Firms choose their debt to equity (i.e., leverage) ratios to balance the benefit of borrowing against its cost; namely, to balance the tax advantages against the greater likelihood of financial distress. The degree of competition in product markets affects the relative importance of these costs and benefits, and therefore firms modify their capital structures depending on whether they operate in more or less competitive product markets. In a recent paper, J. Reboul and A. Toldrà-Simats study the strategic behavior of levered firms in a regulated (i.e., non-competitive), and a deregulated (i.e., competitive) market. More specifically, they use a sample of electricity-generating companies in 13 European countries that underwent deregulation. By collecting data for these companies during the regulated period and also after deregulation took place, the authors are able to compare the strategies of firms in a regulated and a deregulated environment.
The main finding is that levered large and small electricity firms adopted remarkably different strategies when deregulation occurred. After deregulation, leverage induced large firms to adopt aggressive output strategies. That is, large firms with more leverage invested more and increased their production. This strategy allowed large firms to increase their market shares. The giant French electricity producer EDF is a good example of this strategy, as the company spent about 19 billion euros to expand its capacity by acquiring smaller regional firms between 2001 and 2003. In contrast, leverage induced small firms to charge higher prices after deregulation. This strategy allowed small firms to increase their profit margins, even though this was at the cost of losing future market shares. The authors explore several possible reasons why large and small levered firms might behave so differently upon deregulation. Efficiency and excess capacity considerations do not seem to be driving their results. Instead, they provide evidence that large firms had greater access to capital markets than small firms upon deregulation. This allowed large firms to raise capital to expand. At the same time, small producers had a higher probability of going bankrupt than large firms, which explains why small companies were favoring the short-term by increasing prices, at the expense of future market shares. These findings conform well to two very well-known theories. The theory of Brander and Lewis (1986) explains the behavior of large firms, whereas the theories by Bolton and Scharfstein (1990) and Dasgupta and Titman (1998) best explain the behavior of small firms.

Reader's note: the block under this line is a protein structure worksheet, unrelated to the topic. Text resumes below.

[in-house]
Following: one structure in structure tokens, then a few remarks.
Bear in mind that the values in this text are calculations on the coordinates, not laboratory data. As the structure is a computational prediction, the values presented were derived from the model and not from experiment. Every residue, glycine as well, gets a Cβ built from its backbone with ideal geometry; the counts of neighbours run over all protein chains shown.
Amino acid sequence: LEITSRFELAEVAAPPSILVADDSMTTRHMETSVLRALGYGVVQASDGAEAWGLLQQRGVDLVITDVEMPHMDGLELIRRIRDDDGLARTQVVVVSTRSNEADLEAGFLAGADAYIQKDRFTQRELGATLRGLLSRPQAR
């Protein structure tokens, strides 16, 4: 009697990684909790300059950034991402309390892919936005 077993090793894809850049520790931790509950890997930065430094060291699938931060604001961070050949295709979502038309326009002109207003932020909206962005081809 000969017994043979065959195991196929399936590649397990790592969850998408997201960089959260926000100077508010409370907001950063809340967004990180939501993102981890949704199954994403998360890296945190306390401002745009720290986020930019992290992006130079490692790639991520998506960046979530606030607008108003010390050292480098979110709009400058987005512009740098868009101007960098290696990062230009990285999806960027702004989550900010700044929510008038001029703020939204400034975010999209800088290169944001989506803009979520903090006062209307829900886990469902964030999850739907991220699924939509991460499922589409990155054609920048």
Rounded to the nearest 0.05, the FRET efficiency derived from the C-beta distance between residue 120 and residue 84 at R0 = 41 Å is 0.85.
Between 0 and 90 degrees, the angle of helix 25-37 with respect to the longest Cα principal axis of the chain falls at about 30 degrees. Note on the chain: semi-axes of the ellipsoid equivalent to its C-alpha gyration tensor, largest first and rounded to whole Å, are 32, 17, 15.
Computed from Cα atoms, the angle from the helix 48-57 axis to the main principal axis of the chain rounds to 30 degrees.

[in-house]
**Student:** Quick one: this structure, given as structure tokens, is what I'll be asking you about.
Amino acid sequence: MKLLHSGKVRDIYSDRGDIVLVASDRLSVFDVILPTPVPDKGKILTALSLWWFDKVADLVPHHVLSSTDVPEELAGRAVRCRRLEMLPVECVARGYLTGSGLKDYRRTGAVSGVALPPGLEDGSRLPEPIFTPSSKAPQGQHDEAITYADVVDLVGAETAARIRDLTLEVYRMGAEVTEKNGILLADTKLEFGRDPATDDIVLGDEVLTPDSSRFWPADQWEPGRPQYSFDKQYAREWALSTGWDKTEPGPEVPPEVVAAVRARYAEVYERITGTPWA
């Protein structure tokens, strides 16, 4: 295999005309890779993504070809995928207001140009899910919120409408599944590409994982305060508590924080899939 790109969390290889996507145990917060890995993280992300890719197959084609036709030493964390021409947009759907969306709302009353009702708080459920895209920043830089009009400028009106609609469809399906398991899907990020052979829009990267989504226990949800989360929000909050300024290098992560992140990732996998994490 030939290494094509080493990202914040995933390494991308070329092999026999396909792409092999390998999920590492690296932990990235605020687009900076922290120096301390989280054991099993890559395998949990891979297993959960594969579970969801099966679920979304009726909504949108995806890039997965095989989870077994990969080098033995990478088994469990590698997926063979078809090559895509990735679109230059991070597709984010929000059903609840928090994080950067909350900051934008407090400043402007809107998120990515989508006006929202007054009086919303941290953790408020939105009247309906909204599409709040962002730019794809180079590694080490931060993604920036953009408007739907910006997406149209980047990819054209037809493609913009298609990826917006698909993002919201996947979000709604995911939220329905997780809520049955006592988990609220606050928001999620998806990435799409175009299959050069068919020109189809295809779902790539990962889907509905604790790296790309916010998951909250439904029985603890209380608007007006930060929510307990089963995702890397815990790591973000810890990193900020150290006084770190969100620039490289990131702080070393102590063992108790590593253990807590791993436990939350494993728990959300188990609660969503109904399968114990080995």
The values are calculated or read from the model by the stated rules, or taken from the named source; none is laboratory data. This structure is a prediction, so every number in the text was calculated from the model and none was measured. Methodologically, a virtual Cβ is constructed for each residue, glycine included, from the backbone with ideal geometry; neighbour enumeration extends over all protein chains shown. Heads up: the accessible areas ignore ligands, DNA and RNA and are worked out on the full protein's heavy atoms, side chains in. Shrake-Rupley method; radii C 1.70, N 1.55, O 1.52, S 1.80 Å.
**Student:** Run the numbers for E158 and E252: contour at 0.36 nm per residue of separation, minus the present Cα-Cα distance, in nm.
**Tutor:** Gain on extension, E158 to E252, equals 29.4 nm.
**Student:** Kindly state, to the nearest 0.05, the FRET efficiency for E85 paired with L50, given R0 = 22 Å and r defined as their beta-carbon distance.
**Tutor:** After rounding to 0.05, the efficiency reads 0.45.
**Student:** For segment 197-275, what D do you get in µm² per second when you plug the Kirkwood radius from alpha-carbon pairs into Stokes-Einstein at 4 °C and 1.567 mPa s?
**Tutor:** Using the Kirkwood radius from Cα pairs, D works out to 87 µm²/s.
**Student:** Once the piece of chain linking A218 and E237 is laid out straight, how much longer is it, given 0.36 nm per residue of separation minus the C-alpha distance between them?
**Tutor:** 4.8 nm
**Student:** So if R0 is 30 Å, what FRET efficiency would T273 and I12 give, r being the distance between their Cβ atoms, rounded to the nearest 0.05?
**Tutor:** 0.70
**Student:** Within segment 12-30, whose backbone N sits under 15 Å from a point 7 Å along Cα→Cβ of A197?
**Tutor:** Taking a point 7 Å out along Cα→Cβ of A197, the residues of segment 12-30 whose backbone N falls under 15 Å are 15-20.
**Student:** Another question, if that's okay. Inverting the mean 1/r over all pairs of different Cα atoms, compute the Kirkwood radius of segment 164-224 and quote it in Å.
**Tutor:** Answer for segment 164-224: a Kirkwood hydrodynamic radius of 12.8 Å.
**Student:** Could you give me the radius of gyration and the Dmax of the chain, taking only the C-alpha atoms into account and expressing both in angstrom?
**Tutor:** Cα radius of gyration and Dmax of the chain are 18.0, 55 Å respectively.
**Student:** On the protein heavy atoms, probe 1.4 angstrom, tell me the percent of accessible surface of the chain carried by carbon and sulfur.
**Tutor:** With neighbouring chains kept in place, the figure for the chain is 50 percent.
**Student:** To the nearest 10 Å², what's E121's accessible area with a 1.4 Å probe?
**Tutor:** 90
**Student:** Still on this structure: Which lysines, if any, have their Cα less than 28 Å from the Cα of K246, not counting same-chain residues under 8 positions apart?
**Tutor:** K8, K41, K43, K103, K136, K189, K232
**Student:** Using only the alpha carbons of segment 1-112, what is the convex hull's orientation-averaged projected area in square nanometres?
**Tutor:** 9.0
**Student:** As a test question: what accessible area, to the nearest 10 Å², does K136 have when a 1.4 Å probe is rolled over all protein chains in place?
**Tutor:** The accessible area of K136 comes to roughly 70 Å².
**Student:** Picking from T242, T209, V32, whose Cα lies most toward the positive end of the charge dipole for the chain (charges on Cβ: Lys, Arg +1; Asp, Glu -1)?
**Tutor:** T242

The authors also highlight some negative effects of regulation. Specifically, under regulation firms were encouraged to increase debt in order to benefit from the higher prices set by the regulator. This is because debt is considered as a cost for firms, and regulated prices are set to take into account costs, including the costs of debt. However, higher leverage reduced firms’ ability to compete once deregulation took place. This was especially true for small firms, which had a higher probability of exiting the market. The exit of small firms after deregulation went against the initial purpose of liberalization which was to reduce industry concentration.